CERAMIC PLATE. TALAVERA, 17TH CENTURY

Antiques - Miscellaneous / Ceramic
Reference: Z5335

Plate. Talavera, 17th century.
Glazed pottery
Ceramic plate decorated with high temperature enamels on a white tin opaque slip. The polychromy is based on typical Talavera colors: cobalt blue, copper green, manganese black, antimony yellow and ochres, browns and iron oranges. These enamels were applied on the raw slip, so the piece was baked only twice: once for the paste and once for the slip and enamels. In addition, the colors were protected with a varnish, which was also cooked in this second firing. The pieces were introduced in the oven in blankets or boxes, so that the colors will not burn (they are cooked at a very high temperature, 900º). In general, those of Talavera will be good cooking, without major defects. The rise of this ceramic manufacture will take place between the sixteenth and mid-eighteenth centuries, when French taste is introduced to Spain, and the clientele goes on to prefer Alcora pieces. However, Talavera will live a new Golden Age at the end of the 19th century, with historicisms.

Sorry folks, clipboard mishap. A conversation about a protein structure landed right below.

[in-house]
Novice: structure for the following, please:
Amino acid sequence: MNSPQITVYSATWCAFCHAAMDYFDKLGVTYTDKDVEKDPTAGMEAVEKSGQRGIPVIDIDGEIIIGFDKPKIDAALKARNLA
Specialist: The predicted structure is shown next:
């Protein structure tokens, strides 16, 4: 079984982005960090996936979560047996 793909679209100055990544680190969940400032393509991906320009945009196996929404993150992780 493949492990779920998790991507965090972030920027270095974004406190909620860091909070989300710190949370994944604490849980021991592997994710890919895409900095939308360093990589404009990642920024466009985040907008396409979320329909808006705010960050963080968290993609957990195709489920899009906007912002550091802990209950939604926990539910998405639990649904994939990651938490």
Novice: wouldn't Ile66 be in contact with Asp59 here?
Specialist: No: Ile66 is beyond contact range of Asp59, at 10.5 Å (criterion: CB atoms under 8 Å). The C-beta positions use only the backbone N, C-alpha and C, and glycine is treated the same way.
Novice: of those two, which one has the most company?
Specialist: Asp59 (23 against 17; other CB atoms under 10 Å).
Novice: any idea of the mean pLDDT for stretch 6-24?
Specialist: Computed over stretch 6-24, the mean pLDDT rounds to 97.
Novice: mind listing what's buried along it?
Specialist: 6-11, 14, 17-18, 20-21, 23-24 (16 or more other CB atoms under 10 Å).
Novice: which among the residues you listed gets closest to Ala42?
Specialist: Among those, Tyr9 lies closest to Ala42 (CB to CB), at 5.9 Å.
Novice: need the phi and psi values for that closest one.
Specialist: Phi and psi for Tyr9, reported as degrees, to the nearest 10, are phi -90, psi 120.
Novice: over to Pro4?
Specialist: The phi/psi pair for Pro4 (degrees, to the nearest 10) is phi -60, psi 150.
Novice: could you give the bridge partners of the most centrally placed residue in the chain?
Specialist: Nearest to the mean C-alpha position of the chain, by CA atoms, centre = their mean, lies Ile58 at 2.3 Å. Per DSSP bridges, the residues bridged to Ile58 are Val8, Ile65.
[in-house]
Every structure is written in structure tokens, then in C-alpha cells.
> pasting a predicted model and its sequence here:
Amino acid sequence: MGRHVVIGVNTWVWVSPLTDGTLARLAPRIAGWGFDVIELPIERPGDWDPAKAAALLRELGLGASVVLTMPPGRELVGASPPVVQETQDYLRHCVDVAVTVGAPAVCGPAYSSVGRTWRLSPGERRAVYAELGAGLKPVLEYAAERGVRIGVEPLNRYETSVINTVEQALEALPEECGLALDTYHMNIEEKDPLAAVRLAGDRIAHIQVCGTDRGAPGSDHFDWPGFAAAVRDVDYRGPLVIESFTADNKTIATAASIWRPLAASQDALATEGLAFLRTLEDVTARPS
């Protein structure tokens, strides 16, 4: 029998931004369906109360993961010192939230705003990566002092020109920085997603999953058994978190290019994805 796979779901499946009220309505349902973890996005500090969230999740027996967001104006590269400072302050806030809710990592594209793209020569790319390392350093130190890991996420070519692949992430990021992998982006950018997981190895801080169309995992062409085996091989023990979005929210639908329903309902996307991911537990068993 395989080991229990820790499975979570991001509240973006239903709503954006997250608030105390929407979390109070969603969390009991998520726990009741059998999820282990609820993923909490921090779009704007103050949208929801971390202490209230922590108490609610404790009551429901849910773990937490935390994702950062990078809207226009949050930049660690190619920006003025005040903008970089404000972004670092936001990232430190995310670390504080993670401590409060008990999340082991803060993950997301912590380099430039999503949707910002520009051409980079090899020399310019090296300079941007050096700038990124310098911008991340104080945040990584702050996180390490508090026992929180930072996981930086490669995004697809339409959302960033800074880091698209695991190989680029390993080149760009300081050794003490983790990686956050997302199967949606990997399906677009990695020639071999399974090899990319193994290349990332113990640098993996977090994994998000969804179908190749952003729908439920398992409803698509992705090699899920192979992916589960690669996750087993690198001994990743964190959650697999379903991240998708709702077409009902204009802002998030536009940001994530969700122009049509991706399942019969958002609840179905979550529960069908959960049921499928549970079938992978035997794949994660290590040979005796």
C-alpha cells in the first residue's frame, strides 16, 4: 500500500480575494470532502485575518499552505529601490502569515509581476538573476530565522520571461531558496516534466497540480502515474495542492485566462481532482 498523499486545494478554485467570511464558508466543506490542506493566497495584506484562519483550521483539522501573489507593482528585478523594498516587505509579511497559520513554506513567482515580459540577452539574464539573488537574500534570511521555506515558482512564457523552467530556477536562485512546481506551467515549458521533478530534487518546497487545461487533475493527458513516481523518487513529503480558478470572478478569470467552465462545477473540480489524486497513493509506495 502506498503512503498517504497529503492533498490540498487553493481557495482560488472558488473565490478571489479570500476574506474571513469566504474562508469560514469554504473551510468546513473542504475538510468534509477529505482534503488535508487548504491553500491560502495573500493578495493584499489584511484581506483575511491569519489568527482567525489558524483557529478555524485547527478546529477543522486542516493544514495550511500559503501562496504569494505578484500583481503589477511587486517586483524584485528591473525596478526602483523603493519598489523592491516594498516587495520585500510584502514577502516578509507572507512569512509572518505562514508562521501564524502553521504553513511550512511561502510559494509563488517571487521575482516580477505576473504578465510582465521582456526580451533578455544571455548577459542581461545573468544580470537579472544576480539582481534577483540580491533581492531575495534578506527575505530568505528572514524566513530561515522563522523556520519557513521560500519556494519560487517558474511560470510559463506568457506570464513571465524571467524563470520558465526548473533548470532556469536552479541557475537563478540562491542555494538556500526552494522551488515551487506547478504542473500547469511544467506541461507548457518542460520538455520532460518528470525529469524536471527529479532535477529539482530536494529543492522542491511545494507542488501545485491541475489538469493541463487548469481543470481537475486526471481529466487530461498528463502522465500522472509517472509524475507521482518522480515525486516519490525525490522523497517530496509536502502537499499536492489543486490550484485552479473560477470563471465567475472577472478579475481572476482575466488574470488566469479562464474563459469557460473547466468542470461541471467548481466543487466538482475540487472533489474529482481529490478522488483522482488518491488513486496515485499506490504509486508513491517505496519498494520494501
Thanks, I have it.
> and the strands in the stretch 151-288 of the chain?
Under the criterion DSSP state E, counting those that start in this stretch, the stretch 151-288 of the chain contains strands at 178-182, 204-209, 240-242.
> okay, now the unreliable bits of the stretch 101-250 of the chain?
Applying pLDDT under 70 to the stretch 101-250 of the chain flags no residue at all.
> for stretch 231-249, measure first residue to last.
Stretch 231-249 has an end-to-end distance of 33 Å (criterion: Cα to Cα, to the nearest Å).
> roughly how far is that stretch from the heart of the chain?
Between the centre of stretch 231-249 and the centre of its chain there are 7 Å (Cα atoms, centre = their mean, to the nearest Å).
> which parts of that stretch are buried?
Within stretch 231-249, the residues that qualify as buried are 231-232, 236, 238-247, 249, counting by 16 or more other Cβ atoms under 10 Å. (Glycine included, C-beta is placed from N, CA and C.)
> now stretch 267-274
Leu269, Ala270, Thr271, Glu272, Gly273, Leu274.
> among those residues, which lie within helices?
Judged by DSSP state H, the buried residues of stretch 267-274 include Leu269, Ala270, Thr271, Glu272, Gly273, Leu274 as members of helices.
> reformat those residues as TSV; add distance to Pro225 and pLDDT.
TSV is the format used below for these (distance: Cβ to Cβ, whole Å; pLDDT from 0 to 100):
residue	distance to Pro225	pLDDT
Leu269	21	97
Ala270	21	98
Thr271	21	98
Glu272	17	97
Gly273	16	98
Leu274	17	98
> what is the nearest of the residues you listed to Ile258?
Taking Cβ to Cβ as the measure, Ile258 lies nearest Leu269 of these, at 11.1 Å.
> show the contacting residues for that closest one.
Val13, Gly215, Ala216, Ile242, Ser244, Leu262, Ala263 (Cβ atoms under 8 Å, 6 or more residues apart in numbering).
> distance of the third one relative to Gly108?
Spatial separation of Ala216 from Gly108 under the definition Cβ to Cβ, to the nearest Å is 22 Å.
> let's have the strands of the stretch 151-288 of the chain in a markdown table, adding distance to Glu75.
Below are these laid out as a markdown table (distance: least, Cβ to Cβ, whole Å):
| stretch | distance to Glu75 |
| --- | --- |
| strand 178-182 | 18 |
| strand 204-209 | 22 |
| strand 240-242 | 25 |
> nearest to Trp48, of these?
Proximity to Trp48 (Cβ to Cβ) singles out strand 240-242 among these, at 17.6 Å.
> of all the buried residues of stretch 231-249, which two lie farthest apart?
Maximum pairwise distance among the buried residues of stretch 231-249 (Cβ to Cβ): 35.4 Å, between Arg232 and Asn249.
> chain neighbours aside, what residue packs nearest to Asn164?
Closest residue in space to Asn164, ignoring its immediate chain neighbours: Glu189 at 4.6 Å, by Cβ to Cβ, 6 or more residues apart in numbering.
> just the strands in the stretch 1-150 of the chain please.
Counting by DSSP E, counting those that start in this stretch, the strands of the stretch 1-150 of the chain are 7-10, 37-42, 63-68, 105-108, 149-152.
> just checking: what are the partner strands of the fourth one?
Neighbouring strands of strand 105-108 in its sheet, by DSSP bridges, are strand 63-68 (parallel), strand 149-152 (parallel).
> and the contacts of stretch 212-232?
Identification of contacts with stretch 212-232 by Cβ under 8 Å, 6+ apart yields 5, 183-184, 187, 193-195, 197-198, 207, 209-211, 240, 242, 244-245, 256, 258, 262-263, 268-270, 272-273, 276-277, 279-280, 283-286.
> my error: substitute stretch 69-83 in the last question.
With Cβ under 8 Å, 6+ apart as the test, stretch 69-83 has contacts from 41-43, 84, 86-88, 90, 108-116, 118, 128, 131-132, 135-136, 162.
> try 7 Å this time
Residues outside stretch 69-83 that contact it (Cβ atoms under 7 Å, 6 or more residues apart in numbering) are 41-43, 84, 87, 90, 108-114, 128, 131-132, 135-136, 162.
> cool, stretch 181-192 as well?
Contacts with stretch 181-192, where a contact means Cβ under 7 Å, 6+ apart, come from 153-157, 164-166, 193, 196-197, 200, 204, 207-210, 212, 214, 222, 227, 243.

This piece presents a typical decoration of Talavera, which will be very imitated in other centers throughout the Modern Age: an animal in the center, on a schematic floor plan, flanked by two large plant elements, two trees in this case. The decoration is completed with a border of concentric bands separating the seat of the caveto, containing an inscription, and a richly ornamented border. This presents a decoration of alternating bushes and trees, and on the outside a new band of concentric lines."


· Size: 37x37x6 cms.

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